This post was written following an interview with 3 time Chief People Officer Chris Galy. It is the first in a series of posts based on my interview with him.
In today's competitive business environment, HR/People teams are under pressure to do more with less. With limited budgets, and competing priorities it can be difficult to find ways to invest in employee engagement, recruitment & retention, learning & development, and employer brand. Plus teams rarely get funding for all the programs they request and are still expected to deliver maximum results.
Implementing programs that contribute to multiple priorities is key to meeting the demands on a modern HR team. CSR programs make a big impact with a small investment. CSR, or corporate social responsibility, refers to a company's commitment to making a positive impact on society. This can include things like donating to charity, volunteering, or promoting sustainability. A CSR program checks off employee engagement, recruitment and retention, learning and development, and improving employer brands:
Drive employee engagement:
Studies have shown that employees are more likely to be engaged and productive when they feel like their work is making a difference in the world. CSR programs can help employees feel connected to their company and its mission.
Increase talent acquisition and retention:
In today's job market, top talent is in high demand. CSR programs can help companies stand out from the competition and attract the best and brightest employees.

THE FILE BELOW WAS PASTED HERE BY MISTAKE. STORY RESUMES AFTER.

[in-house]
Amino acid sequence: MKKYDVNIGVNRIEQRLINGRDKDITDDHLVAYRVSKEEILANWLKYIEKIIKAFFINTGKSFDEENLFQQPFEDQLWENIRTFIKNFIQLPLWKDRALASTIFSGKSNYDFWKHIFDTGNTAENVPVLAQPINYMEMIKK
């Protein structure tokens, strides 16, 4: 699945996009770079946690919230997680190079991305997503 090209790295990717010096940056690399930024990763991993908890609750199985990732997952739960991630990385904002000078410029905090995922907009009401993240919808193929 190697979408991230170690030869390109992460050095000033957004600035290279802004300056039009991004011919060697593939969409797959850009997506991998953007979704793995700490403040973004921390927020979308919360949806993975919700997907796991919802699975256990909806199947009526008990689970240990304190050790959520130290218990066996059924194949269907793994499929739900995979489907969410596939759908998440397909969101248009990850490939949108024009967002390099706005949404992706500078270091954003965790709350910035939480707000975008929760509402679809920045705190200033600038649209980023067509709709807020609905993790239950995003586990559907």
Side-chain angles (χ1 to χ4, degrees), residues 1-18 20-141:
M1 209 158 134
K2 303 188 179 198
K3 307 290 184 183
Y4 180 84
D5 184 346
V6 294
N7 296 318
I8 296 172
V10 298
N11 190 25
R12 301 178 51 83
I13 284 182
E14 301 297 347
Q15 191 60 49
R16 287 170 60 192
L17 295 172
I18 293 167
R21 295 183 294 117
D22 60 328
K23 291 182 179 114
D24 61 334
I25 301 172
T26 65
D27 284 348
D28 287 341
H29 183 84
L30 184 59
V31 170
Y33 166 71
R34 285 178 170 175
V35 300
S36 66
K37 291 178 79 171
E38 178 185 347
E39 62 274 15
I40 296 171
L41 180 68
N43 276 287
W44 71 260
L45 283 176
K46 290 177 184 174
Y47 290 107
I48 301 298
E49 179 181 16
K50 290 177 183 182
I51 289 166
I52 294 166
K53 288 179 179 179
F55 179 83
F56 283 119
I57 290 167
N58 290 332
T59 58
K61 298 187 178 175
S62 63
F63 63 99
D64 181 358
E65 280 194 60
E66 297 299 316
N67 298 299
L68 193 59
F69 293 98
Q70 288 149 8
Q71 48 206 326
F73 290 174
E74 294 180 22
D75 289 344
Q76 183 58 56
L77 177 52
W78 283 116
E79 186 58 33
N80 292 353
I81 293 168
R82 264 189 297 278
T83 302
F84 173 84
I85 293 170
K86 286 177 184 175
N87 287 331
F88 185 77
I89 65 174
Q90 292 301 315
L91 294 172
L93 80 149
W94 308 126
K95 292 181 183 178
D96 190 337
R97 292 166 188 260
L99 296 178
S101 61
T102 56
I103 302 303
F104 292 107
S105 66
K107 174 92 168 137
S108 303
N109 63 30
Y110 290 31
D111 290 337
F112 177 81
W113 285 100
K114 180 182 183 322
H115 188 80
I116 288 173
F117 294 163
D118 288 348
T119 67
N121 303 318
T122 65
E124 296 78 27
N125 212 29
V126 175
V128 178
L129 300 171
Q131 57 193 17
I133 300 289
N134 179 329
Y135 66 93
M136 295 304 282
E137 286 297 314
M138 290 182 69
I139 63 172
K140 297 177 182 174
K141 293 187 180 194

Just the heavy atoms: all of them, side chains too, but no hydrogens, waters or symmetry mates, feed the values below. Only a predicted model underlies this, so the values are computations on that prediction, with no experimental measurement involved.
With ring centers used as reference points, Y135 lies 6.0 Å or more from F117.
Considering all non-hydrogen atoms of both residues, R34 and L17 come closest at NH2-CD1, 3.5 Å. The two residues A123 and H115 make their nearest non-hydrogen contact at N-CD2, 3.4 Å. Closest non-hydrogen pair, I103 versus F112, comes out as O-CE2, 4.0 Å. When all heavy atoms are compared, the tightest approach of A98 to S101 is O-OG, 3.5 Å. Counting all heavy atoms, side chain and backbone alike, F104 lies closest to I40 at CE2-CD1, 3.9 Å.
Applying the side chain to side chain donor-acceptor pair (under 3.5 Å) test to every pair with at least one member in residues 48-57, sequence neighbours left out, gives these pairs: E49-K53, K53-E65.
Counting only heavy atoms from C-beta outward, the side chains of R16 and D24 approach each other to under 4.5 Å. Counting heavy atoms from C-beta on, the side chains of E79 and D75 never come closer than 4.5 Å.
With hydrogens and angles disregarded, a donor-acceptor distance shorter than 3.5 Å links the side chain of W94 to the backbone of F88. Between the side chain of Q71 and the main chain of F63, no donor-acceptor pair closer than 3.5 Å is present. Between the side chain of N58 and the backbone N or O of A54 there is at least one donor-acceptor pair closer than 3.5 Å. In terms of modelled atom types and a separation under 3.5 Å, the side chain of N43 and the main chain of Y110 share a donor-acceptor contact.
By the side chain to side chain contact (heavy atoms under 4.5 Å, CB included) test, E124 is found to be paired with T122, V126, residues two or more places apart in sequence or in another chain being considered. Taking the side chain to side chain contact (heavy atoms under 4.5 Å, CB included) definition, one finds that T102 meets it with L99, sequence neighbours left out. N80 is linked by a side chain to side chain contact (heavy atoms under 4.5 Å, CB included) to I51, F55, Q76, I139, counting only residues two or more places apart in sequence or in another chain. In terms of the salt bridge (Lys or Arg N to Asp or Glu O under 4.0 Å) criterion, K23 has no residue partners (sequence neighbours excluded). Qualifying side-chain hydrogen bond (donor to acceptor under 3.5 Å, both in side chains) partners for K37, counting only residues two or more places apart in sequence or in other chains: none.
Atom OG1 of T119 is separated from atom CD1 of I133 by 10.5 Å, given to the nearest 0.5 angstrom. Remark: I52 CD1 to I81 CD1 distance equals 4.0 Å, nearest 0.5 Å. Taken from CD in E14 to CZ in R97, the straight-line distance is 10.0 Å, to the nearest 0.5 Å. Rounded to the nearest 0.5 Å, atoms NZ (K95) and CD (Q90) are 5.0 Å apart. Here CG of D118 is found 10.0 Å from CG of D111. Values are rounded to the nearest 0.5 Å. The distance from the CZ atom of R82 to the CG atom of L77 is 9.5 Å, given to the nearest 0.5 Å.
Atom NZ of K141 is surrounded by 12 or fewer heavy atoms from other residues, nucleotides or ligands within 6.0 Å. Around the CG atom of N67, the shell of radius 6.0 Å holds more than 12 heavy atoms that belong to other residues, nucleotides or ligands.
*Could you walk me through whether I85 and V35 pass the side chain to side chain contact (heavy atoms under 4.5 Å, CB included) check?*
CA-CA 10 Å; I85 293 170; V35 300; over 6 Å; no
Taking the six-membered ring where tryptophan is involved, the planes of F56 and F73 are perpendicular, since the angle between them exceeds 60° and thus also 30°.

Improve employer brand and reputation:
CSR programs can help companies build a positive reputation with customers, investors, and the community. This can lead to increased sales, investment, and goodwill.
Support professional development:
CSR programs provide employees opportunities to learn new skills and hone their existing skills. Upskilling employees leads to better efficiency and effectiveness of your workforce.
Boost team bonding:
CSR programs provide employees opportunities to bond over causes they care about, plus volunteering in person gives employees an opportunity to solve new problems together, deepening their relationships and abilities.
CSR programs don't have to be expensive to be effective. Even small investments can make a big difference. For example, a company could donate a portion of its profits to charity, match employee donations, or volunteer its employees' time to a local cause.
If you're looking for a way to invest your HR budget that will improve employee engagement, retention, and productivity, CSR programs are a great option. They're a win-win for both your employees and your company.
The benefits of CSR programs are well researched:
Employee engagement: A study by Cone Communications found that 70% of employees are more likely to stay with a company that supports a cause they care about.
Employee productivity: A study by the University of Pennsylvania found that employees who volunteer are more likely to be engaged and productive at work.
Company reputation: A study by the Reputation Institute found that companies with strong CSR programs have a 20% higher customer loyalty rate than companies with weak CSR programs.
Learning and development: In Percent Pledge passion assessments we found that 88% of employees believe giving programs are an opportunity for learning and development.
CSR programs are a great way for HR teams to make a positive impact on the world. With a little planning and effort, you can create a CSR program that will benefit your employees, your company, and the community.